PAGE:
By Catherine Webb and Nicola Gujer
In October, the MBIE published an interesting document: the National Statement of Science Investment 2015-2025. It is intended to assess New Zealand’s strengths and weaknesses in research and development, and inform science funding for the next decade. As scientists, this document could impact our future, so it’s understandable that it has generated dialogue, especially about its use of data.
Among the NSSI’s many attractive graphics, this graph (Figure 1) in particular, which compares the impact of New Zealand research with that of a number of similar countries, has generated active discussion. A number of people have commented on social media about how poorly we do in multidisciplinary science compared to Denmark, Israel, Finland, Ireland and Singapore. We wanted to look a little deeper into what is going on.
This data is taken from SciVal, Elsevier – a tool for analysing publications and citations – which is part of the Scopus database. The data is also field-weighted, meaning it is normalised to make different fields comparative.
The “percentage of publications in the top 10% of citations by field” is used here as a measure of the excellence of a country’s academic output. The greater the proportion of Denmark’s maths papers that make it into the most cited 10% of maths papers worldwide, the more excellent Denmark is at maths.
This seems like a reasonable measure, and it’s easy to see New Zealand has a concerningly left-heavy position on the scale. But does the graph really say, as the NSSI claims, that we need to up our game in almost every field to be as ‘excellent’ as our comparative countries?
We set out to pull apart this data, go back to the source, and check out how reliable this information is.
The first issue we encountered was the field labelled “Multidisciplinary”. As you can see, in all six countries, this field out-streaks the others where citation excellence is concerned. This made us wonder what “Multidisciplinary” actually means here – are these small countries all so good at collaborating across different fields?
As it turns out, “Multidisciplinary” publications seem to be labelled according to the nature of the journal they are published in, not because of any cross-field collaboration within the paper. For instance, this category includes papers that are published in the multidisciplinary journals Nature and Science, as well as more unusual choices such as Vaccines and the Journal of Chaos and Bifurcation Theory. Because a few multidisciplinary journals like Nature and Science are extremely highly cited, the citation impact distribution of “Multidisciplinary” publications is skewed to the right, so field-weighting (which is basically an arithmetic mean) does a poor job of normalising the top 10%. Thus, the field receives a confusingly high excellence score.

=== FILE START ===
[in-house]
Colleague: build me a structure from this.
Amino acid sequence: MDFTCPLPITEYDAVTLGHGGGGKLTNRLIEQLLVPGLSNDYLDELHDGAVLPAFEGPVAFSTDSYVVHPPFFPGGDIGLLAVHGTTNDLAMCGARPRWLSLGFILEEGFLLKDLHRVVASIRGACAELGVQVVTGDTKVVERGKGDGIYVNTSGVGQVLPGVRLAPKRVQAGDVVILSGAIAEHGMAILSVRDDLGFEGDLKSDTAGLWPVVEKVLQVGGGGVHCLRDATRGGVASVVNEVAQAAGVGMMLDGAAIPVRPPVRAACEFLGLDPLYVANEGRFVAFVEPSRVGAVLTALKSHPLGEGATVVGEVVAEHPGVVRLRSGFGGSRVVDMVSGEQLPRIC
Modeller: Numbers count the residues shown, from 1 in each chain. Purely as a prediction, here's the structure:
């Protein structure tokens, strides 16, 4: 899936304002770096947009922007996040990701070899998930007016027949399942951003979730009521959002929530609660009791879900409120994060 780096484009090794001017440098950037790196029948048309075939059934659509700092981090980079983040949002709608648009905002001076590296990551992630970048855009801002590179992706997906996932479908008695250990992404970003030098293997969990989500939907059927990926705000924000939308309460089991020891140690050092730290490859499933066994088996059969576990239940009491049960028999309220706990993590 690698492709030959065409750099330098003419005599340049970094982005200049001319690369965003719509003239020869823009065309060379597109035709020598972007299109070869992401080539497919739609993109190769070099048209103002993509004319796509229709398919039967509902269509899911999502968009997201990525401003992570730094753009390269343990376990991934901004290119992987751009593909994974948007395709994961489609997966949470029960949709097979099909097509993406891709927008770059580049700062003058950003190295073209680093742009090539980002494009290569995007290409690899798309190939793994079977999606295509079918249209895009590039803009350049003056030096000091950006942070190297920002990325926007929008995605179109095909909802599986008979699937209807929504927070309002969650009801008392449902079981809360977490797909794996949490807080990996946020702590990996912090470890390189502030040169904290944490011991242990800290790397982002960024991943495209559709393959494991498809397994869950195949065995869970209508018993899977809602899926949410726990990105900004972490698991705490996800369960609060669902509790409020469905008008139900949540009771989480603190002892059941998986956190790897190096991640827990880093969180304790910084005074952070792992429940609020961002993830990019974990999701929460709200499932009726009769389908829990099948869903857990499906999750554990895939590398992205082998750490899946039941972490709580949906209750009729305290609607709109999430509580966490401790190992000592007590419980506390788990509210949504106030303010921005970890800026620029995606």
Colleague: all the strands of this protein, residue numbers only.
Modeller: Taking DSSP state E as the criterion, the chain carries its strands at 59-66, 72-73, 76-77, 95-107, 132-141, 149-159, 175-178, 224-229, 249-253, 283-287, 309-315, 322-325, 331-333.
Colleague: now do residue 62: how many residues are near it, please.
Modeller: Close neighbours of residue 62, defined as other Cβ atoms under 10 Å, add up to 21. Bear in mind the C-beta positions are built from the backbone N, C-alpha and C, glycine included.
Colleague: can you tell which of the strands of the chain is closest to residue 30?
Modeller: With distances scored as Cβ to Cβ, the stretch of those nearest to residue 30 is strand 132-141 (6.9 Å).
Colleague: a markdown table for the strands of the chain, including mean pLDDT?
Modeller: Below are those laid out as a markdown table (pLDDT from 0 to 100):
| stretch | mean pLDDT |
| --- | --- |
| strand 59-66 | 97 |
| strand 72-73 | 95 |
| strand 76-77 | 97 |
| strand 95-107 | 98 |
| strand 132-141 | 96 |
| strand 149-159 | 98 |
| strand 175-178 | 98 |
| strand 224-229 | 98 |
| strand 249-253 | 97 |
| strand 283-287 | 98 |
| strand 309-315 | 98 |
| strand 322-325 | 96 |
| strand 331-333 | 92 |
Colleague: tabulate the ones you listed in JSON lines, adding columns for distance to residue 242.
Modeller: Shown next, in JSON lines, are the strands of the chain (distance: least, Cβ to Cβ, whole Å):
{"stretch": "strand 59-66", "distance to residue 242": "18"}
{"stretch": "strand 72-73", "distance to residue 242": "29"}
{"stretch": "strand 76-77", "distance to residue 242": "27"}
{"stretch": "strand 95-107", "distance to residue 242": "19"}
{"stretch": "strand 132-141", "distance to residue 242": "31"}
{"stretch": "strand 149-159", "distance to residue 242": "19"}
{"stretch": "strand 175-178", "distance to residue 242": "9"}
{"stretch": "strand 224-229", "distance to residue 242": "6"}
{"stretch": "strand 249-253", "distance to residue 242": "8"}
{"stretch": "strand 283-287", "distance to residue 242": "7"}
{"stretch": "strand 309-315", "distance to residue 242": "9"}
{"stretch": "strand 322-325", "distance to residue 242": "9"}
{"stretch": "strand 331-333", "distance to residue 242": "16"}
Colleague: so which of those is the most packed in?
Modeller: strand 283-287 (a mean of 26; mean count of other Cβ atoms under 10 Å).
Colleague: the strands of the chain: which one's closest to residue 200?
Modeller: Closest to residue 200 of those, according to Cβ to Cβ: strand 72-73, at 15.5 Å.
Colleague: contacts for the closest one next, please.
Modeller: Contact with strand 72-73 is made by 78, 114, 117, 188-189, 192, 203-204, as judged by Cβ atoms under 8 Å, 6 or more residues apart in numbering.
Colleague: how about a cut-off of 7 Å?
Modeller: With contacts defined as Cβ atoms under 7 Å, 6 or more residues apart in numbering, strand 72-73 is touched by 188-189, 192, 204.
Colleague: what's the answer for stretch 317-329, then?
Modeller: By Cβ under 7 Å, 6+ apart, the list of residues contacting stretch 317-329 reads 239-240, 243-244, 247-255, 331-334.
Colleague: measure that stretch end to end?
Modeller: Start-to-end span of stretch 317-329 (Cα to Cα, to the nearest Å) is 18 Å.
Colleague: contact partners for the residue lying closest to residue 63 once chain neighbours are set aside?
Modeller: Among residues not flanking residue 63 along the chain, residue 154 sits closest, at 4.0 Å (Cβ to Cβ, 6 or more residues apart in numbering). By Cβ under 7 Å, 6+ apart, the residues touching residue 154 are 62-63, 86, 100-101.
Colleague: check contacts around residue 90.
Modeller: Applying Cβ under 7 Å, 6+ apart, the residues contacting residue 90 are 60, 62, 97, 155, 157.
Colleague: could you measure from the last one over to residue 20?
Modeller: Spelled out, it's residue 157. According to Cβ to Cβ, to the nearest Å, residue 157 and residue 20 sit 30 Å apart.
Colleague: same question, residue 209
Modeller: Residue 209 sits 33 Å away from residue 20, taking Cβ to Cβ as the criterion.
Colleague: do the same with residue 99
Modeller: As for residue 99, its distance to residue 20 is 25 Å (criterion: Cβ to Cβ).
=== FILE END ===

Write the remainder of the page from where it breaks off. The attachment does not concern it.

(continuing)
The second issue is more significant. We wanted to know how stable and consistent these field rankings were across the years, so we went back to SciVal to check. We discovered two things: firstly, due to the dynamic nature of citations, the data we retrieved this November on publications from 2013 was already different to the data on the very same 2013 publications that was gathered earlier this year (for use in the NSSI).
In a matter of months, the ranking of many fields has changed significantly. This caused us to question whether the trend stabilises over a matter of years. Discovery number 2: no, it doesn’t.
This is a graph to show how the order of which fields New Zealand is most ‘excellent’ in has changed unpredictably, and has not stabilised over 5 years. We can infer that the graph on page 19 of the NSSI may be an accurate snapshot of the data at the time it was taken (except for that remarkable multidisciplinary field), but the data moves so quickly that this type of graph cannot reflect any meaningful trends in the order of fields.
That said, the SciVal data does have some information to offer.
This is a remake of the NSSI graph, using averaged data over five years (2010-2014). The order of fields is different from the graph that MBIE published, as we would expect from what we have seen so far. However, this is similar to the NSSI graph in that New Zealand on average scores notably lower than other small advanced economies.
So does the graph say what it claims to say? With a bit of tweaking, it could. It cannot give us any meaningful information about which fields NZ is doing best or worst in, because that can change within months. However, if expanded to more years than 2013, it does show that NZ consistently produces a lower percentage of globally top-quality papers than comparable countries.
Whether papers being in the top 10% of citations in the world is a good way to measure science excellence or not – that’s a question for another day.
*Featured image by XKCD comics.